Tesla on Monday said first-quarter sales jumped around 74% from the same period a year earlier to $10.4 billion, generating a $438 million in net profit. Wall Street on average expected the company to report sales of about $10.5 billion and net income of around $509 million for the January through March period, according to analysts surveyed by FactSet.
Billionaire Elon Musk said revenue rose to $10.39 billion from $5.99 billion a year earlier.
Analysts had expected revenue of $10.29 billion according to IBES data from Refinitiv.
In the first quarter, we produced just over 180,000 vehicles and delivered nearly 185,000 vehicles. We are encouraged by the strong reception of the Model Y in China and are quickly progressing to full production capacity. The new Model S and Model X have also been exceptionally well received, with the new equipment installed and tested in Q1 and we are in the early stages of ramping production.
Sales of the revamped Model S luxury sedan will start “very shortly,” the company said, and the rate of production of the Model Y, Tesla’s compact SUV, continues to improve at the company’s Shanghai factory. Tesla’s new factories in Berlin and in Texas “are making progress,” the company said.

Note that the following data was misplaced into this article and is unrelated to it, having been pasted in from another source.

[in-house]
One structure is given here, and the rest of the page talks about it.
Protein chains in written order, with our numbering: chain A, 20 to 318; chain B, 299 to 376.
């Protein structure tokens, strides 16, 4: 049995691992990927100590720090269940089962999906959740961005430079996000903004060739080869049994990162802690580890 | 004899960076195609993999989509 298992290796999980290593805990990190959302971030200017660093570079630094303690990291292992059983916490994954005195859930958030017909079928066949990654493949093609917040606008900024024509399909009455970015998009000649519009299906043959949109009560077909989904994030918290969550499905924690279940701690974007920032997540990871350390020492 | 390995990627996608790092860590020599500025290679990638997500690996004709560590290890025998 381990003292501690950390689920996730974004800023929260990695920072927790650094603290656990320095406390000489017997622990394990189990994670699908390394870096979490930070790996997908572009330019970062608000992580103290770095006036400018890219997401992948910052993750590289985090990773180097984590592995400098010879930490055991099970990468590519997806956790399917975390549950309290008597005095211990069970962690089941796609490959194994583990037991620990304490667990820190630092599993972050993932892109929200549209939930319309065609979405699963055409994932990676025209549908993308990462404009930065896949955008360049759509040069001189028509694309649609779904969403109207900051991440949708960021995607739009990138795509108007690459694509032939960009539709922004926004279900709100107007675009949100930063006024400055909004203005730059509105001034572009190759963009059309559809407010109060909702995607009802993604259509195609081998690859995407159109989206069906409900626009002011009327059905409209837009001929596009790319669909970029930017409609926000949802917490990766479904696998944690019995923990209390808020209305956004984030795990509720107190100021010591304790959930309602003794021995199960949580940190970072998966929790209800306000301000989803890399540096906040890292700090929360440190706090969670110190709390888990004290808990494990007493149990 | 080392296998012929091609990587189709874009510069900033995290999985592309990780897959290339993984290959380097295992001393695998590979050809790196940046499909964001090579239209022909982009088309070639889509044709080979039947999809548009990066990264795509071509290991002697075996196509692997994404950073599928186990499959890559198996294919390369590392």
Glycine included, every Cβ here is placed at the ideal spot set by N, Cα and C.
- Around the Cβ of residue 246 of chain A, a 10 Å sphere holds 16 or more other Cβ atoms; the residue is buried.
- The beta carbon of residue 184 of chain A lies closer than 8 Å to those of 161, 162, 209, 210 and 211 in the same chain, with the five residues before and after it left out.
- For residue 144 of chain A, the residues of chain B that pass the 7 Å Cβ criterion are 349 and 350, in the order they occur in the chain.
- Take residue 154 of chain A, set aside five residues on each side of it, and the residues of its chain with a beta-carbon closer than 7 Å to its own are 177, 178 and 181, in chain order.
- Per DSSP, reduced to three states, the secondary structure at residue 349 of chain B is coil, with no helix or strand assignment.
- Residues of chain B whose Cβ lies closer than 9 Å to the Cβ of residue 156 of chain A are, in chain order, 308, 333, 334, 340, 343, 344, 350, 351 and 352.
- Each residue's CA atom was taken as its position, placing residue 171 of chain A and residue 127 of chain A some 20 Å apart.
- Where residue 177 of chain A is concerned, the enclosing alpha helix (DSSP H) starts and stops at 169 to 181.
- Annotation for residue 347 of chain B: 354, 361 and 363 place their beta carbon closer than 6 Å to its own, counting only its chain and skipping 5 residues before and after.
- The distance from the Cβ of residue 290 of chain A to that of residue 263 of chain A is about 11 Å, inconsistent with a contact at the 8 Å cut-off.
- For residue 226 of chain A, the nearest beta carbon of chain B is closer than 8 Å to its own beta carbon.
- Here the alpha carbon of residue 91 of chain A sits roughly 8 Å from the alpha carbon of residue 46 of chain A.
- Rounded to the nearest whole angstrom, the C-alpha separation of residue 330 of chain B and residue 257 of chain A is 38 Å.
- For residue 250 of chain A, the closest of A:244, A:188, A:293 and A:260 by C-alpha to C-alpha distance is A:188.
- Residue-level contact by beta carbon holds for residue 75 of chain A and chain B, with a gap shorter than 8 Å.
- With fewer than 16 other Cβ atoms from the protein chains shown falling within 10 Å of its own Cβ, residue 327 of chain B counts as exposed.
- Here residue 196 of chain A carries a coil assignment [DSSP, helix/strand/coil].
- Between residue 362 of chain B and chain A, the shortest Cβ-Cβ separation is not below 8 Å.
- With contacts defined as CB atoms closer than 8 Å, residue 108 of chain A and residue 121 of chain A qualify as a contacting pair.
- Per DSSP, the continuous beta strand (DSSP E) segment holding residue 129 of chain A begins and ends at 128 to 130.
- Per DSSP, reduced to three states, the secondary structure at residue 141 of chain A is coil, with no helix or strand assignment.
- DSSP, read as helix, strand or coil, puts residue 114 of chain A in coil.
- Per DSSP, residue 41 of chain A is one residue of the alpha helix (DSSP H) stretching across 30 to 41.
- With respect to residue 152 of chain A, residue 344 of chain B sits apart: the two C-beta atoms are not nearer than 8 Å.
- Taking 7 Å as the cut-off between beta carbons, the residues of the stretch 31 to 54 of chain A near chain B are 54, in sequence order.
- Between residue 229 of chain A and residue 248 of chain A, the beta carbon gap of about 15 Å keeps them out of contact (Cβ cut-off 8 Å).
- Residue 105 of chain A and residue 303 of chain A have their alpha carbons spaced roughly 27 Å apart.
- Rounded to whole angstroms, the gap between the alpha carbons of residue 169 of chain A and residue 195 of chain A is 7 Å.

“There is a lot to be excited about in 2021,” Tesla said. The Model 3 was the best-selling premium sedan in the world, and the Model Y can become “the best-selling vehicle of any kind globally,” the company said.
Selling some of the bitcoin the company had amassed earlier this year also had a “positive impact” around $101 million, Tesla said.
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Our net income and cash flow results will be announced along with the rest of our financial performance when we announce Q1 earnings. Our delivery count should be viewed as slightly conservative, as we only count a car as delivered if it is transferred to the customer and all paperwork is correct. Final numbers could vary by up to 0.5% or more. Tesla vehicle deliveries represent only one measure of the company’s financial performance and should not be relied on as an indicator of quarterly financial results, which depend on a variety of factors, including the cost of sales, foreign exchange movements and mix of directly leased vehicles.
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